“Why all feverish symptoms should not be treated as malaria” – Prof. Fagbenro-Beyioku By Adebayo Folorunsho-Francis
As the world celebrates Malaria Day, a professor of medical parasitology, Mrs. Adetayo Fagbenro-Beyioku, has taken a swipe at the manner in which some Nigerian doctors go about treating patients with feverish symptoms of malaria.
Speaking with Pharmanews in an exclusive interview, the malariologist explained that some doctors, in the course of diagnosis, often mistake Babesia for malaria, adding that the presence of fever does not always connote malaria, even if a test seemingly indicates so.
“I know this might come as a surprise to many people.We are presently taking a closer look at a recent study of specimen here in our laboratory. Do you know there are other blood parasites, such as Babesia, that share similar symptoms with Plasmodium Falciparum?” she quipped.
A former dean and deputy provost, Prof Fagbenro-Beyioku, is presently a member, governing council of the College of Medicine, University of Lagos.
According to her, Babesiosis is a malaria-like parasitic disease caused by infection with Babesia, a genus of protozoal piroplasm that is transmitted by ticks.
“Found mostly in animals such as cattle, it is also resistance to anti-malarial, as well as sensitive to quinine. That is why people like cattle rearers or close associates are said to be quite vulnerable. Presently, our postgraduate students are conducting an intensive study on it here in LUTH,” she emphasised.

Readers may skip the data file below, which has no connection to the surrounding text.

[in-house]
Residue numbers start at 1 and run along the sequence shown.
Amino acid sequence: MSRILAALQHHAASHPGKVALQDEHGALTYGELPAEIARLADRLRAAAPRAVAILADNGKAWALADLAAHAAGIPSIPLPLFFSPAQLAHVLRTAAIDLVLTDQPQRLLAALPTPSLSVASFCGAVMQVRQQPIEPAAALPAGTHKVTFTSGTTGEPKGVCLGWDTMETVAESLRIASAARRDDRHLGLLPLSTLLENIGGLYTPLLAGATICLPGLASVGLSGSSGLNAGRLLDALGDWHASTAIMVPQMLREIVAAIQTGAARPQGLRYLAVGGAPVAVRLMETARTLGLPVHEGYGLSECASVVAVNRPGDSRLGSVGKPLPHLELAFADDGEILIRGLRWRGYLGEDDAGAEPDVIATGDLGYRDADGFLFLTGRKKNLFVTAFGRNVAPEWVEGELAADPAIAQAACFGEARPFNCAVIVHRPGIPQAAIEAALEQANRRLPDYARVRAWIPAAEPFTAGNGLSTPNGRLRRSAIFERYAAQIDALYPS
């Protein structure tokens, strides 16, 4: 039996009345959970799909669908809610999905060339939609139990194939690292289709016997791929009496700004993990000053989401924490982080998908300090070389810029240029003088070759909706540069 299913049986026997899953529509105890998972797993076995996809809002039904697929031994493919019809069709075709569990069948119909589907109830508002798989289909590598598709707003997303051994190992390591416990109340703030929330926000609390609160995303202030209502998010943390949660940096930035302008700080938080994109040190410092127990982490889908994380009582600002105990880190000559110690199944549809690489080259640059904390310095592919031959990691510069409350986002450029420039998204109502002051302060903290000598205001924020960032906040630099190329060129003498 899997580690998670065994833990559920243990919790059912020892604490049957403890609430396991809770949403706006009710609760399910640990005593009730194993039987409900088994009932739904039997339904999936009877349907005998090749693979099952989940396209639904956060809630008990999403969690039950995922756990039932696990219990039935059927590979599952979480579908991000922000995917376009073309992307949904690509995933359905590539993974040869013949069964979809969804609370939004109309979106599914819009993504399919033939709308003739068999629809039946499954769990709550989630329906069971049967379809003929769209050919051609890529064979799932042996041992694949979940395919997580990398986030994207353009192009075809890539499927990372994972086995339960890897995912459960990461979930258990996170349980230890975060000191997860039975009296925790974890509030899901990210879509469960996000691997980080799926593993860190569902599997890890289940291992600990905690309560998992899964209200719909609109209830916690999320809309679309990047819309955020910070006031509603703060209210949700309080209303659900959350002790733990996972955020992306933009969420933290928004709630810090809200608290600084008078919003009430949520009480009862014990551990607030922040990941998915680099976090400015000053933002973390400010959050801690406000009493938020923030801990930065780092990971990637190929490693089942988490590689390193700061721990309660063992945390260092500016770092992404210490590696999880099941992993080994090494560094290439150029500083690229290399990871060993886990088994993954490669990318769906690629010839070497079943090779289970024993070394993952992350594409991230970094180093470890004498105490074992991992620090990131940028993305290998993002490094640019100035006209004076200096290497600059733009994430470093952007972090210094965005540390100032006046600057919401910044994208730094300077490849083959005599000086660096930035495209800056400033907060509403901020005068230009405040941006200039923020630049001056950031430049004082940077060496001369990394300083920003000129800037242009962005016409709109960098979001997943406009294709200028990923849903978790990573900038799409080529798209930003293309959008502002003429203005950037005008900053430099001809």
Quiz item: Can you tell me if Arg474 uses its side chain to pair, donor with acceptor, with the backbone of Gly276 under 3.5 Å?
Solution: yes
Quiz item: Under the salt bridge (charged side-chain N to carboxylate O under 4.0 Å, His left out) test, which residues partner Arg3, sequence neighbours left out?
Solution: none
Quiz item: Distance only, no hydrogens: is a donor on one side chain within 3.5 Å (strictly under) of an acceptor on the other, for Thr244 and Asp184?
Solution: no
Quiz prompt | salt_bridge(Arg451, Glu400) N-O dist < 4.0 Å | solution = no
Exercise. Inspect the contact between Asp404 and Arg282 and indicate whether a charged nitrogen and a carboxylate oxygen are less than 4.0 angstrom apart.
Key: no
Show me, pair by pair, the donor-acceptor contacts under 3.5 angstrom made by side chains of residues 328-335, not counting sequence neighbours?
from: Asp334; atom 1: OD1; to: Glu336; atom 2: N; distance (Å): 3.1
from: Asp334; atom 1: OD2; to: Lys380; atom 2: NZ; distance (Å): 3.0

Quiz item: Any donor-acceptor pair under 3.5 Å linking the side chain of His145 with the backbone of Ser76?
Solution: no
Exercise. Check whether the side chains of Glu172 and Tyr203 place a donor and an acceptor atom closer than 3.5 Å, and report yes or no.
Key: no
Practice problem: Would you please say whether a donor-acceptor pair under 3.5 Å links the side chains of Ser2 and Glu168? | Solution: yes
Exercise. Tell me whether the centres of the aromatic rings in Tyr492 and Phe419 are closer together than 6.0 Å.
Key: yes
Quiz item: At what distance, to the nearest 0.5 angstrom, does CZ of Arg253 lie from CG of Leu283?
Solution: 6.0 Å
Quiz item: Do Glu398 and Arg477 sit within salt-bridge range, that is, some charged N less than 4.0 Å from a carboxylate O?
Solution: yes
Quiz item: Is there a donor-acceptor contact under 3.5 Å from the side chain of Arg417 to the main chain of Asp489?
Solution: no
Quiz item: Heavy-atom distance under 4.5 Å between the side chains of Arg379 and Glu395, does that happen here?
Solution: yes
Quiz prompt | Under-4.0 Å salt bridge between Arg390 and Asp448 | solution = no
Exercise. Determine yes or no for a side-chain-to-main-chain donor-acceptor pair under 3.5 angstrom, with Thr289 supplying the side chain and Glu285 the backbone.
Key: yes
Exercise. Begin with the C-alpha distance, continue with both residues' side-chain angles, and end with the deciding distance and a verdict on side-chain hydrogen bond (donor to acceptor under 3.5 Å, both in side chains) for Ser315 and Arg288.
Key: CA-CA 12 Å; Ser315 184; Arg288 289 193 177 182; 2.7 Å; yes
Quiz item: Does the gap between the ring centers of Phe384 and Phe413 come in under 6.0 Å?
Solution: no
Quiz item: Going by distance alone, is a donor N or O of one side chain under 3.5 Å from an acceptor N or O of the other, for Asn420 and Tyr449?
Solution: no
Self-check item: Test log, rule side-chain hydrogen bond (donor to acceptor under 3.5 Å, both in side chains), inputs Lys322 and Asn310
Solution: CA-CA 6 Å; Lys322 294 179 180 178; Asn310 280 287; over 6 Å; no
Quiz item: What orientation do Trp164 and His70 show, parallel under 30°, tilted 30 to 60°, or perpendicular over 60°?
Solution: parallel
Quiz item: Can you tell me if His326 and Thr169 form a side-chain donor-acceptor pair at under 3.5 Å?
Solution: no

While lauding the awareness campaign being carried out to sensitise the masses on incidences of malaria, the malariologist saidthe infectious disease has gone down tremendously.
“I think one of the major reasons why report of malaria parasite has reduced could be attributed to the fact that people are becoming enlightened,” she said.
She however conceded that if we are to fully eradicate it, Nigeria still has a long way to go.
“Majority of us going about have one form of malaria or the other. People are right, if they say stress contributes because, in truth, aside from mosquito bites and blood transfusion, stress also precipitates malaria in the body,” she explained.
The professor also observed how the parasites have become resistant to several anti-malarial drugs, including some artemisinin-based combination therapies recommended by the World Health Organization.
Although an advocate of Chloroquin, Fagbenro-Beyioku said that she does not prescribe it for others, especially her little daughter, adding that what works for one person might not work for others.
“Aside from Chloroquin, there are other different ones like ACT drugs available in the market. The fact remains that penicillin might work for one and fail in others because our bodies react differently,” she said.